AB 767 Would Be First Bill in Nation to Eliminate Barriers to Victim Compensation That Lock Too Many Survivors of Color, Police Violence Victims and Others Out of Critical Support 

July 7, 2020

Will Matthews, Californians for Safety and Justice, (909) 261-1398; will@safeandjust.org 

OAKLAND, Calif. – California’s largest network of crime survivors on Tuesday lauded a first-in-the-nation proposal introduced last week by Asm. Tim Grayson (D-Martinez) that would eliminate barriers to victim compensation faced by victims of police brutality and other violent crimes. 

The bill, A.B. 767, would end California Victim Compensation Board (CalVCB) denials of the support to victims, based on confusing language that allows them to be blamed for their own death or injury, police reports and conclusions as the only judge of victimization, or based on an old conviction history.  

These restrictions lock many victims of color out of the needed support for medical bills, funeral and burial expenses and counseling. Victims of police violence and their families are typically excluded entirely from the program. (CalVCB) can deny applications if it finds “denial is appropriate due to…the involvement of the person whose injury or death gives rise to the application” or if it finds the survivor “failed to cooperate reasonably” with law enforcement. 

This is particularly perverse for survivors of police violence and the loved ones of people killed by police since a police report documenting the victimization is usually elusive. The very law enforcement official responsible for the injury or death can exert influence over whether a victim is denied support. These policies can also entrench racist perceptions that disregard the recognition of some victims, disproportionately harming Black survivors and other victims of color. Recent analyses of victim compensation denial data in other states have found those that apply subjective “contributory misconduct” exclusions, and conviction-based restrictions, deny Black victims and families at disproportionate rates.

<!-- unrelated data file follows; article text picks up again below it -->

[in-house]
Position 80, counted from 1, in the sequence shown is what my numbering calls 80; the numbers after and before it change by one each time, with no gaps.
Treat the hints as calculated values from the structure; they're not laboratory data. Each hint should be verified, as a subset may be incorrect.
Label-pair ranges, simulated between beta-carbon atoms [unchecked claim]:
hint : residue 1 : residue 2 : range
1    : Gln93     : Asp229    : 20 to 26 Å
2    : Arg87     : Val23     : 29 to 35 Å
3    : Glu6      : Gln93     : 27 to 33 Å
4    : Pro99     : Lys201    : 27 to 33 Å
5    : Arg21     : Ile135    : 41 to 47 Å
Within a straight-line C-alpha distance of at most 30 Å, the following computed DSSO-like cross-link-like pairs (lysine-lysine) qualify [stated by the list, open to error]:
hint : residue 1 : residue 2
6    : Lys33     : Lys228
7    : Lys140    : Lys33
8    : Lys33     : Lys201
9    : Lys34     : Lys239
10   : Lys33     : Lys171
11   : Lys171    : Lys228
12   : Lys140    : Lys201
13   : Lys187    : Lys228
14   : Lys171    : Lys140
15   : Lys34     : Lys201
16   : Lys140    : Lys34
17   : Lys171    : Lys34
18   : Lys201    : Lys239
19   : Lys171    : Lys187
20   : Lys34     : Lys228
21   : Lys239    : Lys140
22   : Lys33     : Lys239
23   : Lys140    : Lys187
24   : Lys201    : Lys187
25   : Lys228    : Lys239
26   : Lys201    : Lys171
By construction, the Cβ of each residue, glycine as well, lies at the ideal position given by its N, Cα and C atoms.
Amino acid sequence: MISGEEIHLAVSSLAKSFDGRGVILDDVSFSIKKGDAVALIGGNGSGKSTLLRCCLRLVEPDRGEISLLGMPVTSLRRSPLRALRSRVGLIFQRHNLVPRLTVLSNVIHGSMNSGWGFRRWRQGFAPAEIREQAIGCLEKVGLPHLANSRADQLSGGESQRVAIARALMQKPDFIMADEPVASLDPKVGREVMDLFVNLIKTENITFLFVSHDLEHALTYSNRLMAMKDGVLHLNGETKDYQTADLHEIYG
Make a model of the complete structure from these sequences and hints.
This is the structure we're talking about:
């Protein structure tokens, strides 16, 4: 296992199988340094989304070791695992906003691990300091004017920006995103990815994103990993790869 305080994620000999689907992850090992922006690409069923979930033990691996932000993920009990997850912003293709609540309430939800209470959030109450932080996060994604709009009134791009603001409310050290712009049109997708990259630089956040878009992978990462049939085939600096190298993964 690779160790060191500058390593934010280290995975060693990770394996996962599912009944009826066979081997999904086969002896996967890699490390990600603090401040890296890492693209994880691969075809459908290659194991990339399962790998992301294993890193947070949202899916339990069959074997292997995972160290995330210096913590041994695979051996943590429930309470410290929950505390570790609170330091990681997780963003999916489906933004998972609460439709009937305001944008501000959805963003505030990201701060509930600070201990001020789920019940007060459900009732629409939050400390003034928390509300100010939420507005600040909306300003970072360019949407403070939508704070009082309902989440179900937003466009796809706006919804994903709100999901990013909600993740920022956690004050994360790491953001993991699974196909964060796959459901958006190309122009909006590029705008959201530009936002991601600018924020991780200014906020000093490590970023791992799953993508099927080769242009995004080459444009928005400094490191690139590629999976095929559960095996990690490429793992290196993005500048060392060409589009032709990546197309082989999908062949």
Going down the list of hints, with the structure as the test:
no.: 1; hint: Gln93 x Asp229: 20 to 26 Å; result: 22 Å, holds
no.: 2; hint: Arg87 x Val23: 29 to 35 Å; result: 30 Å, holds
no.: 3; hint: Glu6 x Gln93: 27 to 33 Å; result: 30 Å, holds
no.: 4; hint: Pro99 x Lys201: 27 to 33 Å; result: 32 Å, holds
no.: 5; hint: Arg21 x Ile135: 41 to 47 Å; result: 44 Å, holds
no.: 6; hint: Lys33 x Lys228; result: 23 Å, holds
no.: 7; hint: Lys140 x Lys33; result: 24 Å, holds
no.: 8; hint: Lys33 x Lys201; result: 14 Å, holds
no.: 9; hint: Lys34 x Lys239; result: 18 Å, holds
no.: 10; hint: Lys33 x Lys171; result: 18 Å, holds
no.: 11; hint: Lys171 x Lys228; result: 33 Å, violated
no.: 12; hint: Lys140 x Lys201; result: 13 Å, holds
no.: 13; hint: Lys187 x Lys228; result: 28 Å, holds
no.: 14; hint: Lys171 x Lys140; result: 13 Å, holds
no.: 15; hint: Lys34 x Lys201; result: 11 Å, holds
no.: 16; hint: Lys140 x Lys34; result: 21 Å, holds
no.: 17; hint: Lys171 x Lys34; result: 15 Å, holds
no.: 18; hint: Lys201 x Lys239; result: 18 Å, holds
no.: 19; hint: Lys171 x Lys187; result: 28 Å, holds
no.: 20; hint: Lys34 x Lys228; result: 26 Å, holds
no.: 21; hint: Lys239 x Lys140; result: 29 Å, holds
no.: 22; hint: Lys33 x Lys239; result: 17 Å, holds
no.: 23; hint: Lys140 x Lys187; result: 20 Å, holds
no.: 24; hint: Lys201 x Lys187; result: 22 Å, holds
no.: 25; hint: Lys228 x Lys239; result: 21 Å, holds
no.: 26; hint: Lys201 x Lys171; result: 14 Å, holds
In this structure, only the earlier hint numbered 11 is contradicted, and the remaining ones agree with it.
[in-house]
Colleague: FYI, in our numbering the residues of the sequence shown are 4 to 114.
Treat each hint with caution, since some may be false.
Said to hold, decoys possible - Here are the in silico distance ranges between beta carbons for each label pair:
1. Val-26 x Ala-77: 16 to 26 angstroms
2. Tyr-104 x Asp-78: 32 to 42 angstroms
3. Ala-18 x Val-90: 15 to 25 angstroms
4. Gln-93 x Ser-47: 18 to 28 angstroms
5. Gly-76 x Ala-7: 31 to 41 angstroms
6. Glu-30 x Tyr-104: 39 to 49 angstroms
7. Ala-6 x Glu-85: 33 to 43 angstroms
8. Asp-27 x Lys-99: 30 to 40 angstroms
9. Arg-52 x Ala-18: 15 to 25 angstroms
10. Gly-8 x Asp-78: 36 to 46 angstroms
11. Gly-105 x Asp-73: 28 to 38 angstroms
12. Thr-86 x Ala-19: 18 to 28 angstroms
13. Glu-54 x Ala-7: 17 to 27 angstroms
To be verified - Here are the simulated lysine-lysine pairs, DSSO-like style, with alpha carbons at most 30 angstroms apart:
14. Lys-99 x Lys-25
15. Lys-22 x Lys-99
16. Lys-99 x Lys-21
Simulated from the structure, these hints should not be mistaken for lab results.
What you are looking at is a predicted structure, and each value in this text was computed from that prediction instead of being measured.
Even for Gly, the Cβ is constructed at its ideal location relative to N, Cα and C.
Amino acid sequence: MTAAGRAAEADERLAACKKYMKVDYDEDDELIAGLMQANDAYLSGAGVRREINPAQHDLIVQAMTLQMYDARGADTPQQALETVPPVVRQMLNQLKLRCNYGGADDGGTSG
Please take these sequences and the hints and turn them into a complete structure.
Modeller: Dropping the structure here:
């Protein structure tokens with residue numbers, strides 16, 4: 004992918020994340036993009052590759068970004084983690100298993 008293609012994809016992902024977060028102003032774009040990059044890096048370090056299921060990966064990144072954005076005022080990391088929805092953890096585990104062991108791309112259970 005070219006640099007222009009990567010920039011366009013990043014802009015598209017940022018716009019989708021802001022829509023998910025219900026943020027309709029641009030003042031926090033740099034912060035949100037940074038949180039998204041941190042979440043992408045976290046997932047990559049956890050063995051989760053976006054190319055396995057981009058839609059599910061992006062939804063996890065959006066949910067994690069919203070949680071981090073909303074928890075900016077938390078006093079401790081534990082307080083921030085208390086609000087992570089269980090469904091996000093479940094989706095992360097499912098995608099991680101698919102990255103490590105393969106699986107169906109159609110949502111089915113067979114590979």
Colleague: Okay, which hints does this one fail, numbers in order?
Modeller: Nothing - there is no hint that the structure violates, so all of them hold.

The bill would also:

  •  Bar denial of a victim compensation application based solely on the contents or absence of a police report
  • Allow CalVCB to rely on documentation other than a police report to determine a crime occurred, like a report from a mental health provider
  • Bar denials for non-cooperation with law enforcement if the survivor has taken actions to support their safety and healing, like seeking medical or mental health treatment 
  • Change the definition of “crime” in compensation law to ensure eligibility for compensation is not dependent on whether there is an arrest or persecution

The following can be attributed to Tinisch Hollins, California state director for Crime Survivors for Safety and Justice:

“A.B. 767 takes a comprehensive approach to changing policies that have served only to lock too many survivors out of victim compensation for too long. For decades, crime survivors, and survivors of color in particular, have been leading calls to eliminate barriers and ensure survivors of all violence, including police violence, can receive compensation. In addition to leaving entire communities with no resources for addressing trauma, these policies have served to entrench racist perceptions of survivors as “deserving” or “underserving,” disproportionately denying Black survivors and other people of color access to victim services. This must end, and we are proud to stand with Asm. Grayson in this fight.” 

Additional information about the bill is available here.